Visitor Comments, Memories and Reviews
March 25 hiya! by wulf the ender
i loved the park it was amazing hope i can get back soon!
May 12 Loved Camping there!!! by Gaurav
I love the whole camping experience in Dead Horse Ranch. It was my first camping ever in US and I enjoyed there alot. Lots of things to do, to roam about. U can watch horses, do sm fishing, lots of trails. But at night it becomes too cold... its was 34F.. I would like to go there again soon!!! Very nicely built and very clean n perfect place to have fun!!!
June 21 by Suzie from MO
We just returned from our trip to Arizona/Utah. We stayed at Dead Horse for six days and it was great. Very central to all the things we wanted to do in Arizona. It was surprisingly cool at night but the camp host always had plenty of fire wood for sale. All of the volunteers and staff were friendly and helpful. The bathrooms were always clean, although it seems like they should have more than three showers. We would recommend this to anyone and hope to go back someday! I forgot to mention all the crazy critters! Lizards, quail, jack rabbits! What fun to watch them up close!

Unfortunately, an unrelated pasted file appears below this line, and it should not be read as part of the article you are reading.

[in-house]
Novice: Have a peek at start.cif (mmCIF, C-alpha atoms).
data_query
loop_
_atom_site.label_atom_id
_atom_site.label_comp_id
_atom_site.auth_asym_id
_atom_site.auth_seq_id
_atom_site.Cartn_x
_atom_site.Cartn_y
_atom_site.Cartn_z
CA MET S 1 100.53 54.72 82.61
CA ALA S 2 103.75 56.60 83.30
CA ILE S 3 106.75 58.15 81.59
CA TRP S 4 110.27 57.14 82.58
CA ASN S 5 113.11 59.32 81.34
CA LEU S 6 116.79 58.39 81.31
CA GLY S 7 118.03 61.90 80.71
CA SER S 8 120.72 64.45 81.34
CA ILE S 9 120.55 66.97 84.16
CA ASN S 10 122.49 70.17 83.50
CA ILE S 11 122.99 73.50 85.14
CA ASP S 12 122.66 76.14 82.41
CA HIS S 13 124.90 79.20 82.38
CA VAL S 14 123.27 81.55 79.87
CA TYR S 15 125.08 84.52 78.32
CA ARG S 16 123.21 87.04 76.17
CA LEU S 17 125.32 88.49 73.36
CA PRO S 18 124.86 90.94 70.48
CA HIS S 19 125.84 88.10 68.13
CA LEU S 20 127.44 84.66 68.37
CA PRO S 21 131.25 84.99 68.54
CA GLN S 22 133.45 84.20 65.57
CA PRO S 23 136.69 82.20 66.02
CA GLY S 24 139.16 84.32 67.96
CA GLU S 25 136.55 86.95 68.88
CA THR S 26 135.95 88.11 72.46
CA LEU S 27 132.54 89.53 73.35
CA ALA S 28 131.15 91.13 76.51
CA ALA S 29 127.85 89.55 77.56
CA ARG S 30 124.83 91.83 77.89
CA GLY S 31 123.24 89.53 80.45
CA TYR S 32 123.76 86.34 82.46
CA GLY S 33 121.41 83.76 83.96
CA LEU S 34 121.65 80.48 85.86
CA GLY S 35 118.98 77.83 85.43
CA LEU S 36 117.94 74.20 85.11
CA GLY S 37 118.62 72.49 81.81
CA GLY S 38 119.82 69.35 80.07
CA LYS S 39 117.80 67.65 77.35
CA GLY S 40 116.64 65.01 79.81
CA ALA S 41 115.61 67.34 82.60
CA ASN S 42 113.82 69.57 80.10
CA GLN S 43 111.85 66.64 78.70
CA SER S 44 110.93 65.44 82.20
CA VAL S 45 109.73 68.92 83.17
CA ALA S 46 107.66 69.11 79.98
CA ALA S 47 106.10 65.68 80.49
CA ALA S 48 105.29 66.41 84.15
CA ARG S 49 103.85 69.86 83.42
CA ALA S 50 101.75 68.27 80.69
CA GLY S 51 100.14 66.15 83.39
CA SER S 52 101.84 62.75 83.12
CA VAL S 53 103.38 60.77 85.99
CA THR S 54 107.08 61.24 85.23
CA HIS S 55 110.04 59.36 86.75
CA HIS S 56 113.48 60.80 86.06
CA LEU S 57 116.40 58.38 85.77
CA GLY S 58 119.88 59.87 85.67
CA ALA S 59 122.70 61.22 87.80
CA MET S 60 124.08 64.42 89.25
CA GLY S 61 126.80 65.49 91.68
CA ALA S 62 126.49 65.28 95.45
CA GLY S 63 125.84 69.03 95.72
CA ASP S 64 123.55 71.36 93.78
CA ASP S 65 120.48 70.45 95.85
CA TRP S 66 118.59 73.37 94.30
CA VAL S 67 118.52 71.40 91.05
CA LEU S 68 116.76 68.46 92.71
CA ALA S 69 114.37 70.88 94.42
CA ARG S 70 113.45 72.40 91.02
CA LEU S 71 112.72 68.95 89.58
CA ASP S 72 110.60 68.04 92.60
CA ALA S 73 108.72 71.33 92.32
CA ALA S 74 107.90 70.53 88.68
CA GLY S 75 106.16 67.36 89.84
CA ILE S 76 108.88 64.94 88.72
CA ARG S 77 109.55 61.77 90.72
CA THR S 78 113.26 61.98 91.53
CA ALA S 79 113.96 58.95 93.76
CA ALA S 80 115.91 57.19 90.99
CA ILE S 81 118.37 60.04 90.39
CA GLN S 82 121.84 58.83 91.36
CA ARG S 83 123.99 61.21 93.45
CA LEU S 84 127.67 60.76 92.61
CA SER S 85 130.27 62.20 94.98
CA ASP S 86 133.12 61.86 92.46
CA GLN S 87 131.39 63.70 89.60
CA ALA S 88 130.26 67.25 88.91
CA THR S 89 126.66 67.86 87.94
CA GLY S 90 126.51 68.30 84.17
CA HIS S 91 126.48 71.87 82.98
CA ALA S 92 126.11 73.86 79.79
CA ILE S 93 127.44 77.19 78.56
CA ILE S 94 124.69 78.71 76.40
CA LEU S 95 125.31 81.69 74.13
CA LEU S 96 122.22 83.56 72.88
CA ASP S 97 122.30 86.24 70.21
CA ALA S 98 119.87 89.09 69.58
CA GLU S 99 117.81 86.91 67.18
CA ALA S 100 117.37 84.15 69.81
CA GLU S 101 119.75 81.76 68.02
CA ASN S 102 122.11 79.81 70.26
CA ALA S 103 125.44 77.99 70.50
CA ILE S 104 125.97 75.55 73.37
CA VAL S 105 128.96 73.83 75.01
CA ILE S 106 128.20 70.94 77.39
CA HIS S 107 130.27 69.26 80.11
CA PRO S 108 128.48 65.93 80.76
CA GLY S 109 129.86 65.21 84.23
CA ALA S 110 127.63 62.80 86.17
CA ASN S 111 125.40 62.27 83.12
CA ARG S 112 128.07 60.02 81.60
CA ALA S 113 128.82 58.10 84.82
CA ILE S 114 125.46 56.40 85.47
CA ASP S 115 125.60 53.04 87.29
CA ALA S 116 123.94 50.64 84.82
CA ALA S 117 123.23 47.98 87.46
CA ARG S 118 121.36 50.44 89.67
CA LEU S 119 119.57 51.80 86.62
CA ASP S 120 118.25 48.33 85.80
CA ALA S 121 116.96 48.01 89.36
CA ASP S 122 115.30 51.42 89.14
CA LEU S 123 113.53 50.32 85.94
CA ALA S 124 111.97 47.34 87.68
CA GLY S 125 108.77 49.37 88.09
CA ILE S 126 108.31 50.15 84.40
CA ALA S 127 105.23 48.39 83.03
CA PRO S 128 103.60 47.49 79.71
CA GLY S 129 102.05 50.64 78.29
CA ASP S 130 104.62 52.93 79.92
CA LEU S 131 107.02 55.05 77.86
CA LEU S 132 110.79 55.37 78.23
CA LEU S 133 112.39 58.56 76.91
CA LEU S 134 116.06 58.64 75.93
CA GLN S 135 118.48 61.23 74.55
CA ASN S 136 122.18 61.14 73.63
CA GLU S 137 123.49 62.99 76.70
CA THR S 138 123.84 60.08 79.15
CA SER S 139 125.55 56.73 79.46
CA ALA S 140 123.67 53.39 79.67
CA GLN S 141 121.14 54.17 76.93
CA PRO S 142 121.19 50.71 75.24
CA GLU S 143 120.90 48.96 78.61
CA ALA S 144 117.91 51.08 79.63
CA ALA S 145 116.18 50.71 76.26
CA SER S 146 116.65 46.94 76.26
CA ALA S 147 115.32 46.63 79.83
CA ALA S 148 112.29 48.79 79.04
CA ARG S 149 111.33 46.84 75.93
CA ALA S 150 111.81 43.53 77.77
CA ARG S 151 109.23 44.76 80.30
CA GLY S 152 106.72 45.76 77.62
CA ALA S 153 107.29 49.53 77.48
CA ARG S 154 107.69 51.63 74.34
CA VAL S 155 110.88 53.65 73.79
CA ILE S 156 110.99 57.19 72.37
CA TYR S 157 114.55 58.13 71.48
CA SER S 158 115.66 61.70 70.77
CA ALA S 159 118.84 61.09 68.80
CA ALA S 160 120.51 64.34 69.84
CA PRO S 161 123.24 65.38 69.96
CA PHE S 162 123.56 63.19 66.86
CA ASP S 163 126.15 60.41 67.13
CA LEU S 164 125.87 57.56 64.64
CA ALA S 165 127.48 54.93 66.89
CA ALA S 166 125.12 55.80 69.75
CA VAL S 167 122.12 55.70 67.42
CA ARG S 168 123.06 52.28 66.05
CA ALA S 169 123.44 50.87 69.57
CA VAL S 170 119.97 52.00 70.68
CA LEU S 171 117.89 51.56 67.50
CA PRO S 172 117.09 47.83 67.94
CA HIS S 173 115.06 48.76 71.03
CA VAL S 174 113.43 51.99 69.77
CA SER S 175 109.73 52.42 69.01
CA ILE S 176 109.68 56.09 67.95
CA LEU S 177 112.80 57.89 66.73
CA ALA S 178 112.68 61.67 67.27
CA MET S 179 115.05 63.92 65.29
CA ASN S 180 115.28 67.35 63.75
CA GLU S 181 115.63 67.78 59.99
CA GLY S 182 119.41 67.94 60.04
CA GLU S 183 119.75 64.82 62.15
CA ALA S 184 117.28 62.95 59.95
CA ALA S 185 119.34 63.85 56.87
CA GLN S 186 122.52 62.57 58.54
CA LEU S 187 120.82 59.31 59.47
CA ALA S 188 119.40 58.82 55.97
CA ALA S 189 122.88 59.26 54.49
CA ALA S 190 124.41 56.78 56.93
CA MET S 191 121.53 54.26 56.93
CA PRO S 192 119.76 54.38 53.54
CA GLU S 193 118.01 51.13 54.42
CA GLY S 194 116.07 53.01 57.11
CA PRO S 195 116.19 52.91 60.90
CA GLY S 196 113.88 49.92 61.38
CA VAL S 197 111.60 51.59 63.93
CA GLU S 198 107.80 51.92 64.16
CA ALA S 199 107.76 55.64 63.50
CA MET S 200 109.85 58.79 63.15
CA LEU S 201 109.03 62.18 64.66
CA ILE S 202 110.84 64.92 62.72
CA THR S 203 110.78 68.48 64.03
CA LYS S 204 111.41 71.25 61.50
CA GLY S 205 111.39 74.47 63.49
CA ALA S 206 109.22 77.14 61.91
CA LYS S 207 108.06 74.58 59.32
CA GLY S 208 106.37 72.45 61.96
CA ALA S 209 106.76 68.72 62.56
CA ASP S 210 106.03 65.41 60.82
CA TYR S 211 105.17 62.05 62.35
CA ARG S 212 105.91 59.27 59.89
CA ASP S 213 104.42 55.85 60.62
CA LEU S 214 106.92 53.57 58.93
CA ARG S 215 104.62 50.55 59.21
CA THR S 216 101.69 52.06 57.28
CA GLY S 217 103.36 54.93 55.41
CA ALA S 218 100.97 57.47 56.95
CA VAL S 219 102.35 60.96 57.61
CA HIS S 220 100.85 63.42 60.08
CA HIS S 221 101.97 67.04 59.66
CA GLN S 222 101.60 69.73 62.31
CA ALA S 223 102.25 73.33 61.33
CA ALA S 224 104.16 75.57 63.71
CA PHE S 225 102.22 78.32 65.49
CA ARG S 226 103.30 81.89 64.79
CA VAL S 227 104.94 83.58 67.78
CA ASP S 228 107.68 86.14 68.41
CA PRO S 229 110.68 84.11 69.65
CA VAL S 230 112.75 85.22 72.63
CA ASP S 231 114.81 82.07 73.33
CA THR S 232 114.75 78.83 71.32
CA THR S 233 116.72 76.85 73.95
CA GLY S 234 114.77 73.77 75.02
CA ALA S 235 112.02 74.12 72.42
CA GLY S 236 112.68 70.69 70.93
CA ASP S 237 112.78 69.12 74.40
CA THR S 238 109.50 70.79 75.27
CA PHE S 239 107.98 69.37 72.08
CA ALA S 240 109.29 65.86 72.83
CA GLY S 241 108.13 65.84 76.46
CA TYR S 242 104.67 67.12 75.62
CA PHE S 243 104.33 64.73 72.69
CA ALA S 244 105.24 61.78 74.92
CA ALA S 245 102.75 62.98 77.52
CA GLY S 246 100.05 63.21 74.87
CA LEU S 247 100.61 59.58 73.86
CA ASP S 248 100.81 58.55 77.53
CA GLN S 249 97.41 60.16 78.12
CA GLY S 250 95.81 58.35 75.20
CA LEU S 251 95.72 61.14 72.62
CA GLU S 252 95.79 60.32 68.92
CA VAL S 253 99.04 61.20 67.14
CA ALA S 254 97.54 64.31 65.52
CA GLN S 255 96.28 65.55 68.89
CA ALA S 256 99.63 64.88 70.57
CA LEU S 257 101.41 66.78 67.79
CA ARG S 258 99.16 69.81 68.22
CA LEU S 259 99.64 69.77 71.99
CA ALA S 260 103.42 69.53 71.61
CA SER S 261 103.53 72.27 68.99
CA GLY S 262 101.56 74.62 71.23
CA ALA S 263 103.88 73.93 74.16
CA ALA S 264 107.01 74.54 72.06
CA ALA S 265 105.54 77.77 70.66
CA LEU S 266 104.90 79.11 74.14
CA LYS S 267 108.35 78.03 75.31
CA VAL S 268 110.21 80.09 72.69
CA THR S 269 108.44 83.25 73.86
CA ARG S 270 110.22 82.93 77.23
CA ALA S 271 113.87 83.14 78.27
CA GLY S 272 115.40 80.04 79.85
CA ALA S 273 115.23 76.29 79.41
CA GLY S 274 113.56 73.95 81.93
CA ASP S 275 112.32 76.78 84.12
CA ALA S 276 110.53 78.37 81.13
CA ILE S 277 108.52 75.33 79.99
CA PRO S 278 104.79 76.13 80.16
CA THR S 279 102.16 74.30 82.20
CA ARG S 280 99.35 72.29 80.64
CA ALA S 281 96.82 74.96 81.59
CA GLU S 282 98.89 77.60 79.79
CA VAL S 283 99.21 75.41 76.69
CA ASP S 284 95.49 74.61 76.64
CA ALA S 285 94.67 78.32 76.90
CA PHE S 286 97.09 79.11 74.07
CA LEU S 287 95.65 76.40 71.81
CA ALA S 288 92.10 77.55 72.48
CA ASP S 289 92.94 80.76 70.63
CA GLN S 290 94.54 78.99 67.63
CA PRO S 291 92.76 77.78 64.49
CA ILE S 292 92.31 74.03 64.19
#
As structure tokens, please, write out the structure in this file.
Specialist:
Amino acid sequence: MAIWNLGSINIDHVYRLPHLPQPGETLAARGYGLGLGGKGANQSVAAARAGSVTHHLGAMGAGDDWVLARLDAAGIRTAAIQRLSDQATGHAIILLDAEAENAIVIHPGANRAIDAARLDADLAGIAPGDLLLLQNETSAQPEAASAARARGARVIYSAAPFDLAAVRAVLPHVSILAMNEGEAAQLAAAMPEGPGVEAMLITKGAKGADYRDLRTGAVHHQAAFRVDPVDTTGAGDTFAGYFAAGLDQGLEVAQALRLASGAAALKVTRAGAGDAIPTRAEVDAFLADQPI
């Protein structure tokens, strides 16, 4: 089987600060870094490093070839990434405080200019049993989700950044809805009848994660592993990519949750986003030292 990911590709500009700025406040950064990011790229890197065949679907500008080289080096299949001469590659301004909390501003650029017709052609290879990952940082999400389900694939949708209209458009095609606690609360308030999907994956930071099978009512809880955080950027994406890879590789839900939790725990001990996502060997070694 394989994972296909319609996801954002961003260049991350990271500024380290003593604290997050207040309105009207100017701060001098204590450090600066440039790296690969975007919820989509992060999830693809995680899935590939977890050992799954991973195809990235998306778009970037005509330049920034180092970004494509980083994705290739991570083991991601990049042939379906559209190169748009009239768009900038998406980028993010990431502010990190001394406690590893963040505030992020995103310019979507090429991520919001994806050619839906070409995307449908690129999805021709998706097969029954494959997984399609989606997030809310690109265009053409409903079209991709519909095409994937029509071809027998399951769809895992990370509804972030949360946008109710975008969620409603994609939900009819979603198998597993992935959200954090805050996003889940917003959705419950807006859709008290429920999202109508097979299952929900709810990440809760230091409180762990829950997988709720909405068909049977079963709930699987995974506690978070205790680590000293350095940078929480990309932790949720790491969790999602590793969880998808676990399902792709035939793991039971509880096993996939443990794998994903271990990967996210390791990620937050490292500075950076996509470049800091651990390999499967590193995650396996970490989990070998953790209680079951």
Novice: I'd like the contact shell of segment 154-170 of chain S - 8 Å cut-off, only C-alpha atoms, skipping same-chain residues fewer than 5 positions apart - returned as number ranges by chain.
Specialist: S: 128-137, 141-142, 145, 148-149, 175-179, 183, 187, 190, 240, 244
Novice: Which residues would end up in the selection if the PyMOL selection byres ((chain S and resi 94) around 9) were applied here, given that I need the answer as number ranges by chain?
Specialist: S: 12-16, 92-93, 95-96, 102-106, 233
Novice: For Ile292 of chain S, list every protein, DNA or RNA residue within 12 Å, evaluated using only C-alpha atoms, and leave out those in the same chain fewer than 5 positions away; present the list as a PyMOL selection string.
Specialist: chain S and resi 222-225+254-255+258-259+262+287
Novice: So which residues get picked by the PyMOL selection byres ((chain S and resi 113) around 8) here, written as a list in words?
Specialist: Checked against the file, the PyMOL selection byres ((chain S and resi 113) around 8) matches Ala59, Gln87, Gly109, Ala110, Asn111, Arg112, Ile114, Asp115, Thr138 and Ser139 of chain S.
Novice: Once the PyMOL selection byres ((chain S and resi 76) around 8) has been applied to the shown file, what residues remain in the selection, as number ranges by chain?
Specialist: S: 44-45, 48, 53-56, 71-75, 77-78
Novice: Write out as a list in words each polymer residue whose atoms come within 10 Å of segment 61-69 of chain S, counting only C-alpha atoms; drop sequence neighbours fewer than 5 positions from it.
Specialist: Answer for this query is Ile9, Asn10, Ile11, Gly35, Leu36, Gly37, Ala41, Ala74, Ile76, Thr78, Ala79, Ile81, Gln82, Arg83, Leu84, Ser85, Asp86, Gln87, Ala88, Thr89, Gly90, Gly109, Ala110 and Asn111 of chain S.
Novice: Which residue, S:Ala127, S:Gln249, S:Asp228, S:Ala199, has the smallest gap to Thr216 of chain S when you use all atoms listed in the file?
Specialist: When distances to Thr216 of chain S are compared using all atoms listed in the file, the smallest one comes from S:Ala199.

Area Campgrounds
Distant Drums RV Park
583 Middle Verde Road
Camp Verde, AZ

From I-17 take (exit 287) Hwy 260 to Cottonwood. Hwy. 260 intersects with 89A/Main Street. Turn left on Main Street and proceed to North 10th Street. Turn right (north) on North 10th Street. Continue on North 10th across the Verde River Bridge to the park entrance.


State of Arizona Parks